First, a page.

Mother’s Day should be an occasion for the celebration of our mothers, a day to venerate the office of motherhood with all the tenderness and reverence that this high calling inspires. But in 2024, this annual feast now raises an inevitable question: what is a mother? Such a question, of course, only imposes itself because of the depravity of our age. When the newest United States Supreme Court Justice, Ketanji Brown Jackson, couldn’t render a meaningful response when she was asked, “what is a woman?” we learned a painful lesson about how many basic categories have been distorted by the radical ideology of norm-destroying activists. If the idea of motherhood has not been explicitly contested in the same way that womanhood has in recent years, it is only because the concept has actually been exposed to the corrosive pressure of our culture’s pathologies and perversions for much longer. Indeed, the question, “What is a woman?” can only be raised in a society when the structure of the family, the meaning of fertility, and the mystery of motherhood have already been fatally confused.

Since the 1960s, this is precisely what has transpired in the West. The Progressive Era radicals of the early 20th century aspired to nothing short of a wholesale reconfiguration of the family—an aim they shared with both the extreme left-wing and right-wing movements that would wreak havoc in Europe and Asia in that same century. Although the Second World War had disastrous consequences and the Cold War raised dire threats, they had the effect of impeding the transformational agenda of radical progressives. Despite this temporary setback, their extreme vision—which eradicated the distinction between man and woman and profaned the sanctity of sexuality—was eventually smuggled into the West by appealing to its deepest values. Under the auspices of equality and liberation, the social movements of the 1960s gave ideological cover for the introduction of the novel medical and pharmacological interventions that would allow the experimental, utopian theories of the radical thinkers who animated these movements to be inflicted on society as a whole.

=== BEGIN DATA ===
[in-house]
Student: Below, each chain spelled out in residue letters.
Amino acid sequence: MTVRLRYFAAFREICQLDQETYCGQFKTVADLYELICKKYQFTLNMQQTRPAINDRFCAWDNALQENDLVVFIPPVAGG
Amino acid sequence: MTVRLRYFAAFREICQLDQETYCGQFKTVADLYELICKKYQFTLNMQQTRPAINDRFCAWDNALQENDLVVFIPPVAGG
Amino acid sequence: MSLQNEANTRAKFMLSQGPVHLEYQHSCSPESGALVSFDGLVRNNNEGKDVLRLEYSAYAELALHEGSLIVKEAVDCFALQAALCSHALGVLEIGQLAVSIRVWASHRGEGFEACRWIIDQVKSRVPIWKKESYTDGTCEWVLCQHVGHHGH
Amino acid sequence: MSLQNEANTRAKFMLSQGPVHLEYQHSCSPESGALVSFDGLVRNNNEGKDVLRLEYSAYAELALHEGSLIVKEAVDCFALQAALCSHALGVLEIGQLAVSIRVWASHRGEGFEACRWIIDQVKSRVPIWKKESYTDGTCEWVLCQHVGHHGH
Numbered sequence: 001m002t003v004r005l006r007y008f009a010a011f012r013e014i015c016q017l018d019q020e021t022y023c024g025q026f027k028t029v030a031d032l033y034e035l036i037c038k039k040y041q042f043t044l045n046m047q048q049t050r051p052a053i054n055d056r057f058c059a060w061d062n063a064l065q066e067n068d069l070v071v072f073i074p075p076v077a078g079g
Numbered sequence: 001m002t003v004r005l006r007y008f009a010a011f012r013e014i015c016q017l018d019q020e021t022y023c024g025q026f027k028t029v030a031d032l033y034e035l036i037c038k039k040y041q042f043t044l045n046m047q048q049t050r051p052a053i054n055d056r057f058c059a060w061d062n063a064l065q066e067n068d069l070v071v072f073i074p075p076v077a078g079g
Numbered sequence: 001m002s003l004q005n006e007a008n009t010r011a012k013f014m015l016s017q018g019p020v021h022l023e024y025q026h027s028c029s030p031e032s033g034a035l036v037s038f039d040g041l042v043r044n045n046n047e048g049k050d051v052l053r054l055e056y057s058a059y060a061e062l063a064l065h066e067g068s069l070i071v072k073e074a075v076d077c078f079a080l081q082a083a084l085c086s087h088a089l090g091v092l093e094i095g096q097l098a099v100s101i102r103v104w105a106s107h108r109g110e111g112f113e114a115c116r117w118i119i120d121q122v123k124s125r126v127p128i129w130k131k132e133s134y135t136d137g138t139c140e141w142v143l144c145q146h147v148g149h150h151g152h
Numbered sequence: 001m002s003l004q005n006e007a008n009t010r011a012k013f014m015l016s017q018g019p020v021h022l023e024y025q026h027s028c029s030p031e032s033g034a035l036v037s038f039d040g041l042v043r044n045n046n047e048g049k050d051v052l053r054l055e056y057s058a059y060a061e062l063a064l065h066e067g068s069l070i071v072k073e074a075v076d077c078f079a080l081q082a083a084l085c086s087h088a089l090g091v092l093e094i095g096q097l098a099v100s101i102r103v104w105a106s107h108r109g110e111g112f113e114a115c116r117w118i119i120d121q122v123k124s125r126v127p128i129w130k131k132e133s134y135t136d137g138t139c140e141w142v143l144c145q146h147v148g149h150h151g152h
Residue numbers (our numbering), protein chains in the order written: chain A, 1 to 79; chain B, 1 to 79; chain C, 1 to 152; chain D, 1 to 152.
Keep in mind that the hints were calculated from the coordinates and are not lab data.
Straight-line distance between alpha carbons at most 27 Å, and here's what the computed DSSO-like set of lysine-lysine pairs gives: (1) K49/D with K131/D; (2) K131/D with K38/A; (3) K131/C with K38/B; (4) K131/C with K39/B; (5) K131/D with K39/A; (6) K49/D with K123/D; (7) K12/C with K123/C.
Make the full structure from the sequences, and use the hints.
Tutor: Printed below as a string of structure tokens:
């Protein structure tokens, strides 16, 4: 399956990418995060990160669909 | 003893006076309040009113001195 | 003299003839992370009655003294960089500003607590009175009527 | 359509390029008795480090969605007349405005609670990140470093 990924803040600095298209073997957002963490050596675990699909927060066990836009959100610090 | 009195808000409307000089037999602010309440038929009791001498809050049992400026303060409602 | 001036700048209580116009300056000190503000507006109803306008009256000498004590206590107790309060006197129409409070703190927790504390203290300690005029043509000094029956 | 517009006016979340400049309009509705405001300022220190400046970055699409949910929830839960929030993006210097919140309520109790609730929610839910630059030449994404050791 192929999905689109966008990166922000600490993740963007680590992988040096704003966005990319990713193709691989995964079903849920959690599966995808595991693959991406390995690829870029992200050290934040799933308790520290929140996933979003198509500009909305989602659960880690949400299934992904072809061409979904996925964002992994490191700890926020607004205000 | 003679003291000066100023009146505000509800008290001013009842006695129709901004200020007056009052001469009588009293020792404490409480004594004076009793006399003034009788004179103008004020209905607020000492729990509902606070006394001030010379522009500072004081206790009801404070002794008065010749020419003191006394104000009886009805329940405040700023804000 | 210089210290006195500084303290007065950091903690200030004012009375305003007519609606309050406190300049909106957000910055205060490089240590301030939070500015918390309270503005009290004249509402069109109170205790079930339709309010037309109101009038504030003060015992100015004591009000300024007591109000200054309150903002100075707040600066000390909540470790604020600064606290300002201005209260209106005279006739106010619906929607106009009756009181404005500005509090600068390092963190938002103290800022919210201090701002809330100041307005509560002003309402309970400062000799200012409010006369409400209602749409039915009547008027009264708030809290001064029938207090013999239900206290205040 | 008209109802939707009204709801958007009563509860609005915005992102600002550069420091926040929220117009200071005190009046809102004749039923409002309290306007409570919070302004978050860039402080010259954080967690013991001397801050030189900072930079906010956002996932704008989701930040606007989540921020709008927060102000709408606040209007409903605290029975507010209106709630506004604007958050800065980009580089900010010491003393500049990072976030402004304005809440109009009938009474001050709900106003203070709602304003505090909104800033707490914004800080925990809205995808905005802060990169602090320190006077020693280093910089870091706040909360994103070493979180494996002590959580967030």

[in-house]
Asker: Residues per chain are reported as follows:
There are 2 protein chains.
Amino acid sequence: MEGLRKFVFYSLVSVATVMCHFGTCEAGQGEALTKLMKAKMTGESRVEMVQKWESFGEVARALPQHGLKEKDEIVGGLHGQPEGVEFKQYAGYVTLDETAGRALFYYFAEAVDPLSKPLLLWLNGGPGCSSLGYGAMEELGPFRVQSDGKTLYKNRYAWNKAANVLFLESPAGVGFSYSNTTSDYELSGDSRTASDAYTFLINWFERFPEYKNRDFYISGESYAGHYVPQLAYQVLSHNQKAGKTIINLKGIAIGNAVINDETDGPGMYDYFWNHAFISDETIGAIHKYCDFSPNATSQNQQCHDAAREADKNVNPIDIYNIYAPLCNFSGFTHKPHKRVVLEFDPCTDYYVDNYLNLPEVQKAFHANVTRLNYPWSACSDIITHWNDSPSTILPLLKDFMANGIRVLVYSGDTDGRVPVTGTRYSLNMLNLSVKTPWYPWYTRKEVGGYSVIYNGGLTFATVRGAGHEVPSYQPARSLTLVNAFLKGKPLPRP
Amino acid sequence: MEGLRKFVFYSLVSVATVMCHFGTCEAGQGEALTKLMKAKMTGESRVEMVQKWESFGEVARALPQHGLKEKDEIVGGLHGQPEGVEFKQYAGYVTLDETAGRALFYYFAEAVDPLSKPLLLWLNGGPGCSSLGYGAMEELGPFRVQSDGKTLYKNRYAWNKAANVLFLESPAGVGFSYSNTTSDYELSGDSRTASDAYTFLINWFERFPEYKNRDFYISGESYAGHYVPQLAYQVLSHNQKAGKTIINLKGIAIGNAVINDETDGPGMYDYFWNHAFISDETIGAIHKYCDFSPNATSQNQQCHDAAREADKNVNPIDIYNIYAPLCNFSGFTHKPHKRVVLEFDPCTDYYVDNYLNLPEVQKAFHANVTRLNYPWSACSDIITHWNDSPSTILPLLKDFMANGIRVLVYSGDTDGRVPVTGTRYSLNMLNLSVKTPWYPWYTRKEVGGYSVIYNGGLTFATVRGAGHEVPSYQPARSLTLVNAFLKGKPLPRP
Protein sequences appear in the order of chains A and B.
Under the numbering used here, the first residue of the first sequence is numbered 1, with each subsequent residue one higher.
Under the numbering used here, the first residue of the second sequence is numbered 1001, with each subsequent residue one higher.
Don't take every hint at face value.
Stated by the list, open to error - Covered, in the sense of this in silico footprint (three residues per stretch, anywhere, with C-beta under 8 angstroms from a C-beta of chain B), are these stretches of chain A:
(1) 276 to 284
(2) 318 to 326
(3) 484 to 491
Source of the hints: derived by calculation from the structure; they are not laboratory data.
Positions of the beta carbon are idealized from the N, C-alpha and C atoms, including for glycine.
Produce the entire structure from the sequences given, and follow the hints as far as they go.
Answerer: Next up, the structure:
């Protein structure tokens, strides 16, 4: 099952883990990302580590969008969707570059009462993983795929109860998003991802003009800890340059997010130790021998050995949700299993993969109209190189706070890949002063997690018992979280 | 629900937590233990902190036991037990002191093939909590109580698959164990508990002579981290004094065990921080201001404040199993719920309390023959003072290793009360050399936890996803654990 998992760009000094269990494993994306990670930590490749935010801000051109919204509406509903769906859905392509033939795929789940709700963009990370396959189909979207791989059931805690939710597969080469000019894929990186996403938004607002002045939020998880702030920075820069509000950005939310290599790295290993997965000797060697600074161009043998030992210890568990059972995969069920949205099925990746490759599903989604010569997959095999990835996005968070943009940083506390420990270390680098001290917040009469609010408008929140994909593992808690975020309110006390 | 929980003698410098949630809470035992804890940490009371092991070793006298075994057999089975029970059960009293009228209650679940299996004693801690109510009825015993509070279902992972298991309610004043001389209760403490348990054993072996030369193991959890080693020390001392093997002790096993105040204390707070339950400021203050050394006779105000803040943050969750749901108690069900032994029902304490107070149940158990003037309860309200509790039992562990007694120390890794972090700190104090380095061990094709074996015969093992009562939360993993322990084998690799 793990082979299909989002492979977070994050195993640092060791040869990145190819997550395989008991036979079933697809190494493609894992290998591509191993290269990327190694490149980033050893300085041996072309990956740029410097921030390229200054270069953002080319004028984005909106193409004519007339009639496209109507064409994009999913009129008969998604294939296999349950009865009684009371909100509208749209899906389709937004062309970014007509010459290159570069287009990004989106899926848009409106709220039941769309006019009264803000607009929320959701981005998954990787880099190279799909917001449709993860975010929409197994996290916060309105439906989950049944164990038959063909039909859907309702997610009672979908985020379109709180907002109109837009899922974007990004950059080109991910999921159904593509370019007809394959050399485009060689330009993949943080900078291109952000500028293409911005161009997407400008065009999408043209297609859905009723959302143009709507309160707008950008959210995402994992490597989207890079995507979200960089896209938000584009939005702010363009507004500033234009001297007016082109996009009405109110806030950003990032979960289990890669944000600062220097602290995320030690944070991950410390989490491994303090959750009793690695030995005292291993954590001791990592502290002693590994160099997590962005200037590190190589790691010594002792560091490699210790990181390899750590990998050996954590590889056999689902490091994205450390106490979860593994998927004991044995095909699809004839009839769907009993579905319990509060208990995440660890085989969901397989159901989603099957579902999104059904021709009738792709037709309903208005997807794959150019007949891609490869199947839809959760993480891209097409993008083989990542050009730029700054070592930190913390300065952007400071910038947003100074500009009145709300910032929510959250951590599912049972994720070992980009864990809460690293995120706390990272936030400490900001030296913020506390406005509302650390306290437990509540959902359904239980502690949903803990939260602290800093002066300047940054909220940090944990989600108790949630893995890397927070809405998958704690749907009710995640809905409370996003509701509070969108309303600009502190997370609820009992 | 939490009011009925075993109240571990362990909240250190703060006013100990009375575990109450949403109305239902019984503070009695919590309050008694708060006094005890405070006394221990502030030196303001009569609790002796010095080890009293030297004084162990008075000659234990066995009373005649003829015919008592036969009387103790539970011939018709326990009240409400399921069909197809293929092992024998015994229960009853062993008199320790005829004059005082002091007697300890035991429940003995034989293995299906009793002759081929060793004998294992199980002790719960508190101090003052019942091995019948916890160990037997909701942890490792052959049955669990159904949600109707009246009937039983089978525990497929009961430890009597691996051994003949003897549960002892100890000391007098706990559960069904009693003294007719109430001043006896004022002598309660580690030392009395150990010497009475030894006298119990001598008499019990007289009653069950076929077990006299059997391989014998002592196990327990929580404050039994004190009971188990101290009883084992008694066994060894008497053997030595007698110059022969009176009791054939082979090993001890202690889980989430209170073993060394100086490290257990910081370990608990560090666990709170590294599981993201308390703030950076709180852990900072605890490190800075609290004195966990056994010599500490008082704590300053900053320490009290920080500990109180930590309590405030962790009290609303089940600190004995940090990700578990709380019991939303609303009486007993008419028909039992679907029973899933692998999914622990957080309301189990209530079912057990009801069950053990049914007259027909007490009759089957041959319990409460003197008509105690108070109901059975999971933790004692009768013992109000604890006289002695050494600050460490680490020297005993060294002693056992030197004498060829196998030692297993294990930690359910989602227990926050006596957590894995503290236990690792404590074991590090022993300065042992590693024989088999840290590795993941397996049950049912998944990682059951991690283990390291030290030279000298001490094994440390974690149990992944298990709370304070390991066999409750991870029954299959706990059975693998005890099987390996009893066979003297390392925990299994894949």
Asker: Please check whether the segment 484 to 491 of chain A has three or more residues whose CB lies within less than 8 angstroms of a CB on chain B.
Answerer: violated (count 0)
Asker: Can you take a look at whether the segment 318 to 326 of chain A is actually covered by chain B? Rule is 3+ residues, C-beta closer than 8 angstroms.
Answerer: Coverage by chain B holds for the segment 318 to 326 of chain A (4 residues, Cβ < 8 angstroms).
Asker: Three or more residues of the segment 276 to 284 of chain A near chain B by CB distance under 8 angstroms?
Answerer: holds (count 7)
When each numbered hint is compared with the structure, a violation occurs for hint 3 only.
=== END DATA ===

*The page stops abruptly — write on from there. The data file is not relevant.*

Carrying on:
Abortion was, of course, one of the “medical” interventions introduced through their efforts. Although the practice of infanticide, before or after birth—via abortifacients or infant exposure—is well-attested in ancient pagan cultures, the legal toleration of these barbaric practices was without obvious precedent after the rise of Christianity. Oral contraceptives, however, were entirely new. The ability to suppress the very rhythms of female fertility gave radical activists a way to make the material, physiological facts of humanity resemble their extreme vision of a sexless society. Indeed, in retrospect, the pill now looks like the first advent of a transgender intervention. Fertility was then—just as puberty is now—a healthy state which they pretended could be suspended without pain or serious consequences. But the false promise of this technology—namely, that fertility and femininity can be totally manipulated by drugs and pills—is of a piece with a more general disruption and distortion of what womanhood and motherhood alike really mean.

Perhaps the most obvious symptom of the mentality, which reduces motherhood to biological functions and mechanical acts, is the practice of in vitro fertilization. On its face, it resembles both the pill and abortion in that it exploits our compassionate instincts, insofar as it presents itself to women as a remedy for infertility, a solution for those who dearly want to be mothers but who cannot conceive. But motherhood is not simply about the implantation of a human embryo—nor, for that matter is IVF primarily a therapy for fertility.